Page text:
"Emerging markets, and especially China, account for the bulk of world's productivity growth," said Abdul Erumban, senior economist at The Conference Board and co-author of the report. "But the years of rapid, easy improvement appear to be over. Since these countries remain significantly less productive than mature economies in U.S. dollar terms, the ongoing shift of economic activity away from the latter adds to the global productivity slowdown."
Inefficient use of resources remains major concern
The report also uses a second, more sophisticated measure called total factor productivity that accounts for the productivity of labor and capital inputs together. In 2013, total factor productivity dropped below zero for the global economy. "This indicates stalling efficiency in the optimal allocation and use of resources," said Erumban. "While in part the result of slowing global demand in recent years, the drop in productive use of resources is also related to a combination of market rigidities and stagnating innovation in those economies."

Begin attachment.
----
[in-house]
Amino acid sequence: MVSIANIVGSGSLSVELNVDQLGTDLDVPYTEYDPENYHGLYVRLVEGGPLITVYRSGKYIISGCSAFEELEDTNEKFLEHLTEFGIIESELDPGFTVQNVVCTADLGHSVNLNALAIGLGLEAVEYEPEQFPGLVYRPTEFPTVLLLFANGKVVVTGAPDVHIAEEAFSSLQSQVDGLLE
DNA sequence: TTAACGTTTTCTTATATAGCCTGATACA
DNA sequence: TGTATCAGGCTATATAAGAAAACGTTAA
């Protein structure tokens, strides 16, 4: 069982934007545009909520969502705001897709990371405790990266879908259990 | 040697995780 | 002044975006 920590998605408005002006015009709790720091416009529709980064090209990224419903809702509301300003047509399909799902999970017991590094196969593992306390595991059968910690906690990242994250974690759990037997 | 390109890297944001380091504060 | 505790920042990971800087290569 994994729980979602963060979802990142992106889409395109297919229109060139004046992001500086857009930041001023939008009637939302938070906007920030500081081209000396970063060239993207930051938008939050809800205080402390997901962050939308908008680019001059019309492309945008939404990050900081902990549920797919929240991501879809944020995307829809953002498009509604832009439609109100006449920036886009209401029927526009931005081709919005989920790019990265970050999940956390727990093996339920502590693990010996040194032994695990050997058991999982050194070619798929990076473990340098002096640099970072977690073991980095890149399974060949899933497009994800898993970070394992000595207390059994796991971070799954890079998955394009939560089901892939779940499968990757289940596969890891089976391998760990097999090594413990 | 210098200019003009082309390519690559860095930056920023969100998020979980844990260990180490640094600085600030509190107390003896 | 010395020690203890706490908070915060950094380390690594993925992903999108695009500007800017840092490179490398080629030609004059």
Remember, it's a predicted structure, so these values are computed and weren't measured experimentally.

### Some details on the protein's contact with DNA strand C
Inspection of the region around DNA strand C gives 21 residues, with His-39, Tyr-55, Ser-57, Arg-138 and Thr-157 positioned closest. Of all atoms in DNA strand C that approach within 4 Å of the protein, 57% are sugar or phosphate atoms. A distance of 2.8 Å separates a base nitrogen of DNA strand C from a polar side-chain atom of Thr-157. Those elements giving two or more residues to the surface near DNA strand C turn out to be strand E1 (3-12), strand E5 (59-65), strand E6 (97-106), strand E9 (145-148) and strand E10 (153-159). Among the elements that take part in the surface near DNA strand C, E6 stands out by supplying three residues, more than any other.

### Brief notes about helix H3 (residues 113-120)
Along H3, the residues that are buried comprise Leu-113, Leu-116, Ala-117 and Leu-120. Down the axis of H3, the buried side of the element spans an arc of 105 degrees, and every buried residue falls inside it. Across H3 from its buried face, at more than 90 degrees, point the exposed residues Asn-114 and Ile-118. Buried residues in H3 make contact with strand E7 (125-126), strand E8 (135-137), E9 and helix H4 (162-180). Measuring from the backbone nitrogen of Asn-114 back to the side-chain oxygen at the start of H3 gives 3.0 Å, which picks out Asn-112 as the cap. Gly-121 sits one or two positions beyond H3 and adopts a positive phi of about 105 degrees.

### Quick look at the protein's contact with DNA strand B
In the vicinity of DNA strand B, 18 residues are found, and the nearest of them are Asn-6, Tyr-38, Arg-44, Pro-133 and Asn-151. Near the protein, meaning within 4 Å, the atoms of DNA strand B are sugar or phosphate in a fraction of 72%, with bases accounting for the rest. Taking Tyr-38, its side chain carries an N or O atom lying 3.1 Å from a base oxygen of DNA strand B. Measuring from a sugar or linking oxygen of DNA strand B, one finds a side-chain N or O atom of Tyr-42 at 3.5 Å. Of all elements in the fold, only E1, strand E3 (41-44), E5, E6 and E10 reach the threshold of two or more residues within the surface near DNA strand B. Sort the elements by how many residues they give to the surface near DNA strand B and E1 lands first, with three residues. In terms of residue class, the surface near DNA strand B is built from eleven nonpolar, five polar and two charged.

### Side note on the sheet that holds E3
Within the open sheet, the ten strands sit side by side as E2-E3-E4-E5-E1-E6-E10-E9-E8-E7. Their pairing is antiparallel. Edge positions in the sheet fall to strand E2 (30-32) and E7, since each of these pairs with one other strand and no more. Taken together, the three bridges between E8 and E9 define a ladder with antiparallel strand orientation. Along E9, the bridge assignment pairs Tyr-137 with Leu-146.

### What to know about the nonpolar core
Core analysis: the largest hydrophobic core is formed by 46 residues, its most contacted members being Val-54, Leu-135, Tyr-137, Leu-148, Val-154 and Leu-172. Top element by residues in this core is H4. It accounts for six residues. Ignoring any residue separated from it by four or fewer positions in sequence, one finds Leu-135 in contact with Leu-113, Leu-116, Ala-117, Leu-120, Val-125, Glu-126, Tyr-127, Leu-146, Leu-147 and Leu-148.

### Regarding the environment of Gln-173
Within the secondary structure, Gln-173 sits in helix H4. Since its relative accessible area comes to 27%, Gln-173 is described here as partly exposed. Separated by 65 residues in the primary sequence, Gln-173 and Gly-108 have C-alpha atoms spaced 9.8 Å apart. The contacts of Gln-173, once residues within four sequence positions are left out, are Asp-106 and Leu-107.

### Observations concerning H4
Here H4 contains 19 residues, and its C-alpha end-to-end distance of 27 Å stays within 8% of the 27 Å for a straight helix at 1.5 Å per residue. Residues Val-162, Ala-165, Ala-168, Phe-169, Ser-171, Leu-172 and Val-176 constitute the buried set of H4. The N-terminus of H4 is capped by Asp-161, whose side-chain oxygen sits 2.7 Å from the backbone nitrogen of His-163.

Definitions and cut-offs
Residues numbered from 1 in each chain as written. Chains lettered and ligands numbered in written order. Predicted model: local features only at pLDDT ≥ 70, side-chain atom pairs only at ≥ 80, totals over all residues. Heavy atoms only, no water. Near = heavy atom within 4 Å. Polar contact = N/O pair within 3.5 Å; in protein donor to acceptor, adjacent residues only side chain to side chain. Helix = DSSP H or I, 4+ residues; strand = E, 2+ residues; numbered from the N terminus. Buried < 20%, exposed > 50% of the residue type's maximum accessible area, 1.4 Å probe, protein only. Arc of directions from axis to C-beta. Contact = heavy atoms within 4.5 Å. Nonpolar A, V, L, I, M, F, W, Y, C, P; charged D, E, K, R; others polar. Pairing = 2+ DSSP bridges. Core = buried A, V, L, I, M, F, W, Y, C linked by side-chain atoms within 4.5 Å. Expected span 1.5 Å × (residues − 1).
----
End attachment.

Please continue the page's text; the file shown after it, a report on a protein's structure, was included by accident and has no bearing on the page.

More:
Productivity projected to improve in 2014
At 2.3 percent globally, the Productivity Brief projects labor productivity growth to improve fairly substantially in 2014 after three years of declines. "The overwhelming driver in this year's productivity gains will be an uptick in output growth," said van Ark. "This reflects a pro-cyclical effect from recovery in the mature economies, though developing economies will also contribute."
The U.S. is likely to be the greatest contributor, with growth in output per hour expected to double to 1.8 percent in 2014, on the basis of flexible markets capable of quickly responding to strengthened demand. Japan will contribute to a lesser extent, with productivity growth rising from 0.8 to 1.2 percent. The Euro Area will slowly emerge from recession in 2014, but labor-market lag will keep growth in output per hour steady at 0.6 percent. Within Europe, some discrepancies will widen as others shrink: Productivity growth in Germany will rise to 1.2 percent, while holding roughly steady at 0.4 percent in both France and the U.K.